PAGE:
I found a script which used this "trick" to achieve a toggle between running and printing commands:

rm_cmd="rm file1 file2"
$echo_prefix $rm_cmd

This allows the user to dry run the script and then set echo_prefix="" to effectively run the script.

Still, I found many problems related to globbing and quoting so I was looking for a different and more robust approach.

  • Mm, what are the problems with globbing and quoting? Do you want to see e.g. globs and variables expanded in the output? (that's what the echo would do.)
    – ilkkachu
    Jan 12, 2018 at 14:50
  • Related to that, what should the "dry-run" mode do with command substitutions? They're commands in itself and might have effects, but they also affect the main command line, so should they be executed?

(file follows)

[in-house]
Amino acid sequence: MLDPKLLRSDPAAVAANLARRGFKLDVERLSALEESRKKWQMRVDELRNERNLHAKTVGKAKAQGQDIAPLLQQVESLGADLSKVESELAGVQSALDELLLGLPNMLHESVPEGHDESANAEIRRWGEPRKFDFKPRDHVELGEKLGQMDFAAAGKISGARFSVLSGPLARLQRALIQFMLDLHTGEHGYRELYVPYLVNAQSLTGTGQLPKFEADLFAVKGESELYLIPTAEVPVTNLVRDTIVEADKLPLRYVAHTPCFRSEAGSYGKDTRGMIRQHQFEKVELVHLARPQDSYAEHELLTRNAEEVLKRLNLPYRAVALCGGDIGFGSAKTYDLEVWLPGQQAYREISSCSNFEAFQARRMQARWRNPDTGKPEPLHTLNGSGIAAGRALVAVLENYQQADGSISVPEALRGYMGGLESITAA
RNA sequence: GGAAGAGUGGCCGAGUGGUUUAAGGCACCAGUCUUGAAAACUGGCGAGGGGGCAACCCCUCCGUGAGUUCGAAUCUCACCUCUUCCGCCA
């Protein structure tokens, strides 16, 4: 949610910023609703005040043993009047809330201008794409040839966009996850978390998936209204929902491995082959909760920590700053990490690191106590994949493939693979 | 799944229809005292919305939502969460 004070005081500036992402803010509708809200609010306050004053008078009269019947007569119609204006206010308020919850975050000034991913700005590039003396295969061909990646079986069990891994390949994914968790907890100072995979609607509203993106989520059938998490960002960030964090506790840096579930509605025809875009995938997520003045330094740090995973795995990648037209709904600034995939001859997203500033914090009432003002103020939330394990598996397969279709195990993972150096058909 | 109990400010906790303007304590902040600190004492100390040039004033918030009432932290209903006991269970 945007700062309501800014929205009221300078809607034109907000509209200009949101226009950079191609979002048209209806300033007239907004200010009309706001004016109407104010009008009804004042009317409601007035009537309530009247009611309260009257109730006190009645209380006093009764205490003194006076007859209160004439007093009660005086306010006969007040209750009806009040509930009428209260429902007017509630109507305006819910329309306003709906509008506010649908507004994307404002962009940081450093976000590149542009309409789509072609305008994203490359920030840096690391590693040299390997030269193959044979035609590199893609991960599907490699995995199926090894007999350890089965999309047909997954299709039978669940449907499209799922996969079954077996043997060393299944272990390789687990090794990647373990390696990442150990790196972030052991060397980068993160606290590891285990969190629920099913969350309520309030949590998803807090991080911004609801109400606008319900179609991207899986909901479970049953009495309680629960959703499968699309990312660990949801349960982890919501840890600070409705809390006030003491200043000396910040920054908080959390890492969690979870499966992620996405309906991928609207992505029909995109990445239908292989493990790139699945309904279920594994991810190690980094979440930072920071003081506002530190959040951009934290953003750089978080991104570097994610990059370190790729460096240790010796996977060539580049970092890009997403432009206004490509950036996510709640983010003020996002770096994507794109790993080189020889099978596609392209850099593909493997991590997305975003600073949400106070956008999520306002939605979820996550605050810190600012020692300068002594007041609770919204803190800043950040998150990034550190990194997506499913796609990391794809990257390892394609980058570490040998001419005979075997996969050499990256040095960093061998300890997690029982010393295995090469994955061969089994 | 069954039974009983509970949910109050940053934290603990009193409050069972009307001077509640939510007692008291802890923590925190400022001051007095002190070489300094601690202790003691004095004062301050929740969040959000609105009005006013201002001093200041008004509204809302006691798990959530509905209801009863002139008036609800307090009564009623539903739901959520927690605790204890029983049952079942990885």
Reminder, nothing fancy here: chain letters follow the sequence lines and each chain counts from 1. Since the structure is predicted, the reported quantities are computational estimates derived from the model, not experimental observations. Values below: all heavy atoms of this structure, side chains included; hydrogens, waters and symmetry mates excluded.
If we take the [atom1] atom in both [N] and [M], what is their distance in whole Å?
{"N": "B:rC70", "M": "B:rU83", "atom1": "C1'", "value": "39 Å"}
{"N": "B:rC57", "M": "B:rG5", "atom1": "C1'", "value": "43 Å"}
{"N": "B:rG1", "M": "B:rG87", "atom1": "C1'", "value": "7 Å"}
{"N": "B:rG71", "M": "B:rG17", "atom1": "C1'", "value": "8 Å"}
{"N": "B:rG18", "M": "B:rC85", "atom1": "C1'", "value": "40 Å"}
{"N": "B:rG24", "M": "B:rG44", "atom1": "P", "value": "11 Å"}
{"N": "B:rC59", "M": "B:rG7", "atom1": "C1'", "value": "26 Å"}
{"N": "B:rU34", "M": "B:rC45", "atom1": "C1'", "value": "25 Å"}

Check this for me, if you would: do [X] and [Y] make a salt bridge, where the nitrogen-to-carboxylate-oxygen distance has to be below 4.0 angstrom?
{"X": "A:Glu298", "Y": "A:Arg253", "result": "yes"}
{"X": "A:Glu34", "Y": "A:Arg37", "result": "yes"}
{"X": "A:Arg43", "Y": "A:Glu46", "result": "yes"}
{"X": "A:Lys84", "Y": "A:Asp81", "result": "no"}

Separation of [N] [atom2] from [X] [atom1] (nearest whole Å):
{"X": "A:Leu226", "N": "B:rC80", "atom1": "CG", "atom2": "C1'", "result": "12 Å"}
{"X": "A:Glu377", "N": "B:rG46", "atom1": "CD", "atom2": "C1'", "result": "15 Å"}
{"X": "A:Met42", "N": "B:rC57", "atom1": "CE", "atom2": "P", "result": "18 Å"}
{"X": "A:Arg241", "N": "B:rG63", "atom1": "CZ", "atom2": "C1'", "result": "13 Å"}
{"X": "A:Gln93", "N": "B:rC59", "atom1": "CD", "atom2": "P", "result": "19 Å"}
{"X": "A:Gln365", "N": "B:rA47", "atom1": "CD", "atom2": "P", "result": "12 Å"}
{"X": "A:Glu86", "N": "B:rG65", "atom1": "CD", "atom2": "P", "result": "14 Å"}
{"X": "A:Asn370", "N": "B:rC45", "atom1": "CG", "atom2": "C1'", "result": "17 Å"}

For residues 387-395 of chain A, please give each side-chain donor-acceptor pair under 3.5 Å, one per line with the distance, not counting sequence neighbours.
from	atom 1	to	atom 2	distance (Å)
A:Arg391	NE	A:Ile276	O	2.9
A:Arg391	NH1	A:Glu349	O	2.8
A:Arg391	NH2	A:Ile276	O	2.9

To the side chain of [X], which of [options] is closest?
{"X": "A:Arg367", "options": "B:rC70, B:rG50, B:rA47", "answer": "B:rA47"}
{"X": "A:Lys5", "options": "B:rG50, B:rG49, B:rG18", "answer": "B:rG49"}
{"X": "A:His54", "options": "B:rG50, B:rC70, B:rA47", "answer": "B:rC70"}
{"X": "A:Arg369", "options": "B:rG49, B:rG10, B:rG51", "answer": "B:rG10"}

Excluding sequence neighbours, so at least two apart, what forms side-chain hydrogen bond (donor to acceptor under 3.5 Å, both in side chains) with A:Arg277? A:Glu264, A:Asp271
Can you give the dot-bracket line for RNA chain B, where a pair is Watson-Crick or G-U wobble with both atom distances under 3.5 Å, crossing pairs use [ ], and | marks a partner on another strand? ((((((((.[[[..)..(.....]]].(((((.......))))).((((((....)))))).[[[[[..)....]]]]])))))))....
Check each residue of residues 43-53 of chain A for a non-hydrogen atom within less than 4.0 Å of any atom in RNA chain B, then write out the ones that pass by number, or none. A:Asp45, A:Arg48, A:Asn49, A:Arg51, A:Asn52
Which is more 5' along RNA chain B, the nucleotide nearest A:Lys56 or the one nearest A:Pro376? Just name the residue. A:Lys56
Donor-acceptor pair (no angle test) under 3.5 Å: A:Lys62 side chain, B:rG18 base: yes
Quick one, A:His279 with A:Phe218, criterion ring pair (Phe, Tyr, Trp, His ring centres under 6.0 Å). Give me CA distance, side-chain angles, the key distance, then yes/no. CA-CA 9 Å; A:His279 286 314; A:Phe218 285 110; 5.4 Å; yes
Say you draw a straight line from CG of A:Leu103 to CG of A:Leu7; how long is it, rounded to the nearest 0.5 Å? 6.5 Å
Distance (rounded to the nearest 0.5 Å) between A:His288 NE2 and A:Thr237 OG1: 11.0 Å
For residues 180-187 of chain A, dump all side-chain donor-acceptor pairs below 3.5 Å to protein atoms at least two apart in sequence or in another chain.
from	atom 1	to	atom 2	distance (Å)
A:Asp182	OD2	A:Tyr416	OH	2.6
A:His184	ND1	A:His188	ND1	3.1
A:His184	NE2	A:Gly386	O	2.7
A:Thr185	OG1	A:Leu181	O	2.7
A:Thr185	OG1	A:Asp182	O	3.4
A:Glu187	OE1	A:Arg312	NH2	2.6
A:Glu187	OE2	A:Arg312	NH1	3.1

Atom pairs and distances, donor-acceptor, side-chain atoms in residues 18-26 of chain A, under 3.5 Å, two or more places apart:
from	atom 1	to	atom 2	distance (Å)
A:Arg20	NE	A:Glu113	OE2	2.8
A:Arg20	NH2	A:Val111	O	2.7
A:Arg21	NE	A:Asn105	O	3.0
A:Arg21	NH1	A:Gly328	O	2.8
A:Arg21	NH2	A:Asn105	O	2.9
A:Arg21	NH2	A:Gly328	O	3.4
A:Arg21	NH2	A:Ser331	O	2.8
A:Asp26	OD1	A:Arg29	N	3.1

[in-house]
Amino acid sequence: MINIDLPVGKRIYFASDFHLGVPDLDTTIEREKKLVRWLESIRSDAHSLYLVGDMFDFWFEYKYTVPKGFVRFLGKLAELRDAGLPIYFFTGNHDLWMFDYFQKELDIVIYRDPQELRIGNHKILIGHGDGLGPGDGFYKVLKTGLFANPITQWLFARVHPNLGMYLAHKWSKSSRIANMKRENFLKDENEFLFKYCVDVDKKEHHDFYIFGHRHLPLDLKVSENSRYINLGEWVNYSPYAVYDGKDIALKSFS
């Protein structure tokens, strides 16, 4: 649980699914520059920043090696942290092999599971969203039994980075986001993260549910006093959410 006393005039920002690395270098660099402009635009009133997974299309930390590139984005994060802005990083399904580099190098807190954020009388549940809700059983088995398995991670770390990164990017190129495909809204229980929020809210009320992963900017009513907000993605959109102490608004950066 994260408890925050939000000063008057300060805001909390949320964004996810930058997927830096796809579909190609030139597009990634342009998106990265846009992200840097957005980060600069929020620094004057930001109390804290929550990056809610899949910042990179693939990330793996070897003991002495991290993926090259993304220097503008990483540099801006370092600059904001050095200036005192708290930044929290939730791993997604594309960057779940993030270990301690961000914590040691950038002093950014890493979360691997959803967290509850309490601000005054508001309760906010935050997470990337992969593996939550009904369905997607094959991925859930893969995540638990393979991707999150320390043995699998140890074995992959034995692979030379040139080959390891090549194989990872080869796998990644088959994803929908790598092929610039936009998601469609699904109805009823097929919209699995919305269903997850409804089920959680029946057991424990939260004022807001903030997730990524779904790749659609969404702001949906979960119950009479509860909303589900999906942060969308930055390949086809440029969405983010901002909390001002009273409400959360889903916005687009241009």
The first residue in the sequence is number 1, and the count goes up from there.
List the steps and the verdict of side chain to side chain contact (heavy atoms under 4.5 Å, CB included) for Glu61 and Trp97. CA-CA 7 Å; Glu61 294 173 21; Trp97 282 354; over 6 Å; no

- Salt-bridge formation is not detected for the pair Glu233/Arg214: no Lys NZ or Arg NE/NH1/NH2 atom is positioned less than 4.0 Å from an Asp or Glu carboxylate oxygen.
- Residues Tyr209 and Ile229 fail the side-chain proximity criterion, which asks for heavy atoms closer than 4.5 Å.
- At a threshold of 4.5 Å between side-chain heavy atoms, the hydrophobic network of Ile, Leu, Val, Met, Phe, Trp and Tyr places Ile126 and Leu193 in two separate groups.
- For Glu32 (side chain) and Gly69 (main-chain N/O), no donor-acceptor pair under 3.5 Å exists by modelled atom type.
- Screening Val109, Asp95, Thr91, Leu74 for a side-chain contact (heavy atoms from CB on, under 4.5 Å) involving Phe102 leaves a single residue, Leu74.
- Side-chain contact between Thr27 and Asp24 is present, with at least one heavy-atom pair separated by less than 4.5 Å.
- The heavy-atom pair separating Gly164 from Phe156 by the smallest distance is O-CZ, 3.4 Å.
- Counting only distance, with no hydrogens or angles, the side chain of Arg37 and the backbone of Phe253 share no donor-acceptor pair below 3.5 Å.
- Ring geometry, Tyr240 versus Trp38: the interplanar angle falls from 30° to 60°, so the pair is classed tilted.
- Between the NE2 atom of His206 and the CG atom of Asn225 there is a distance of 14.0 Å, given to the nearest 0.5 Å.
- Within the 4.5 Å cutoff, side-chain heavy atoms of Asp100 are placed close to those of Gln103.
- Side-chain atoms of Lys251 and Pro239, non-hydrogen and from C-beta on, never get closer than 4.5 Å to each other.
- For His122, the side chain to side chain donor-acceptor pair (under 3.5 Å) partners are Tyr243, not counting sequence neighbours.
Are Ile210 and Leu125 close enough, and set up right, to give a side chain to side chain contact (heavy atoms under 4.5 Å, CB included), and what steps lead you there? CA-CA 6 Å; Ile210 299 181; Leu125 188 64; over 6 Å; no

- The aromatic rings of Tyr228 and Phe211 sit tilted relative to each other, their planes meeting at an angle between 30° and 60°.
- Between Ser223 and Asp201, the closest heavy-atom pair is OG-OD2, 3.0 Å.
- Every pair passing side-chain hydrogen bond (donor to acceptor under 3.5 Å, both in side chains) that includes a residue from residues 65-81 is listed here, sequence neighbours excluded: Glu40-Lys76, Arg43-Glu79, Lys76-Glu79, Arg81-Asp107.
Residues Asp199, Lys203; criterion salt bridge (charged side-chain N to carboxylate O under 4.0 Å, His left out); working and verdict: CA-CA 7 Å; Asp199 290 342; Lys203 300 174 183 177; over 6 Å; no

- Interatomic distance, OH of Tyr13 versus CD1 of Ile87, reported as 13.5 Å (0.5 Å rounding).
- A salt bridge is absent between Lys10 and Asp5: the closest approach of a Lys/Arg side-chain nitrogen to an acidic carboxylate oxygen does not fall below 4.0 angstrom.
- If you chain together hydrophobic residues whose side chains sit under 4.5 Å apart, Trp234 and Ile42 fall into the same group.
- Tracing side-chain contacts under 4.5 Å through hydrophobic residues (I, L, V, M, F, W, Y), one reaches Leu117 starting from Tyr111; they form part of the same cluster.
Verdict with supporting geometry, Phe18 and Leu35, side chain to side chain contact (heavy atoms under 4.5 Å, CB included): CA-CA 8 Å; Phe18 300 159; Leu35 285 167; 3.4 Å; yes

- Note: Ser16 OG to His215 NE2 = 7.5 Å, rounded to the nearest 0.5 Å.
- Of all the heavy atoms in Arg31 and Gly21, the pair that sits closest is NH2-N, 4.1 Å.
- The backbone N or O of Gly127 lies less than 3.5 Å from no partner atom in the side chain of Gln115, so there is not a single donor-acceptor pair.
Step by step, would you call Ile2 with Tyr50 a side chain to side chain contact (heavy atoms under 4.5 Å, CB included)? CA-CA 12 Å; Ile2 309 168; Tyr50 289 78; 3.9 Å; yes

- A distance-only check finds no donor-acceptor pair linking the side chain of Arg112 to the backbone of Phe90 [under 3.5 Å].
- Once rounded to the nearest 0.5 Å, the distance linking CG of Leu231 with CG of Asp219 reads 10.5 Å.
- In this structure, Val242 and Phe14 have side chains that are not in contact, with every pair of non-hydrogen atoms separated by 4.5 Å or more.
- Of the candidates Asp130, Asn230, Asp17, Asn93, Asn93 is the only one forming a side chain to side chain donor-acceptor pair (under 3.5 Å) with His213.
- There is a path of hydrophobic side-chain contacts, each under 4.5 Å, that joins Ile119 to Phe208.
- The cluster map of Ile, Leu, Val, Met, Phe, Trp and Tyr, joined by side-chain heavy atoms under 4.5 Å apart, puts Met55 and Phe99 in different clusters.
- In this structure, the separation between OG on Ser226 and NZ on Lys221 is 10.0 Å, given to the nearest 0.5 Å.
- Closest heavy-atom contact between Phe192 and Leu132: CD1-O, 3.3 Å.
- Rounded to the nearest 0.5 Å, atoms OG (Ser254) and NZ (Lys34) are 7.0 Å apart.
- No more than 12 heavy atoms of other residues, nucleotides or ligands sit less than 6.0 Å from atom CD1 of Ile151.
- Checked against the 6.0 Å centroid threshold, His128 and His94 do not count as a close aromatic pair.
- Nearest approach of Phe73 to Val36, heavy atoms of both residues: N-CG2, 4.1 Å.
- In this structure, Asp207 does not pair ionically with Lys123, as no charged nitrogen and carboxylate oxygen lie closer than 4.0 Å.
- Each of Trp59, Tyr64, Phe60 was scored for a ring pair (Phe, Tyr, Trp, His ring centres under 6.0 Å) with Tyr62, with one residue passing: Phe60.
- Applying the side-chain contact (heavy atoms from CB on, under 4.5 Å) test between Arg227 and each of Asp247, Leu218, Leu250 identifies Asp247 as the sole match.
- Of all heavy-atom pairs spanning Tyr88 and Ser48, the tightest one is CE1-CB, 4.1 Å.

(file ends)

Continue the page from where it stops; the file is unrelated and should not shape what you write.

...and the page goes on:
– ilkkachu
    Jan 12, 2018 at 15:18

1 Answer 1


The best approach for this is using | bash.

So basically, you just echo your command. Here in my example rm file1 file2 and then | bash will run the output.

[ws] user ~ >echo "rm file1 file2"
rm file1 file2
[ws] user ~ >echo "rm file1 file2" | bash
rm: cannot remove ‘file1’: No such file or directory
rm: cannot remove ‘file2’: No such file or directory

@Kusalananda, If you have space in file name, you just have to adapt the first part to keep the quotes in the echo command:

echo "rm \"file with space\"" | bash
  • Try that with rm "file with space in name"...
    – Kusalananda
    Jan 12, 2018 at 13:15
  • You just have to adapt the first part: echo "rm \"file with space\"" | bash Jan 12, 2018 at 13:20

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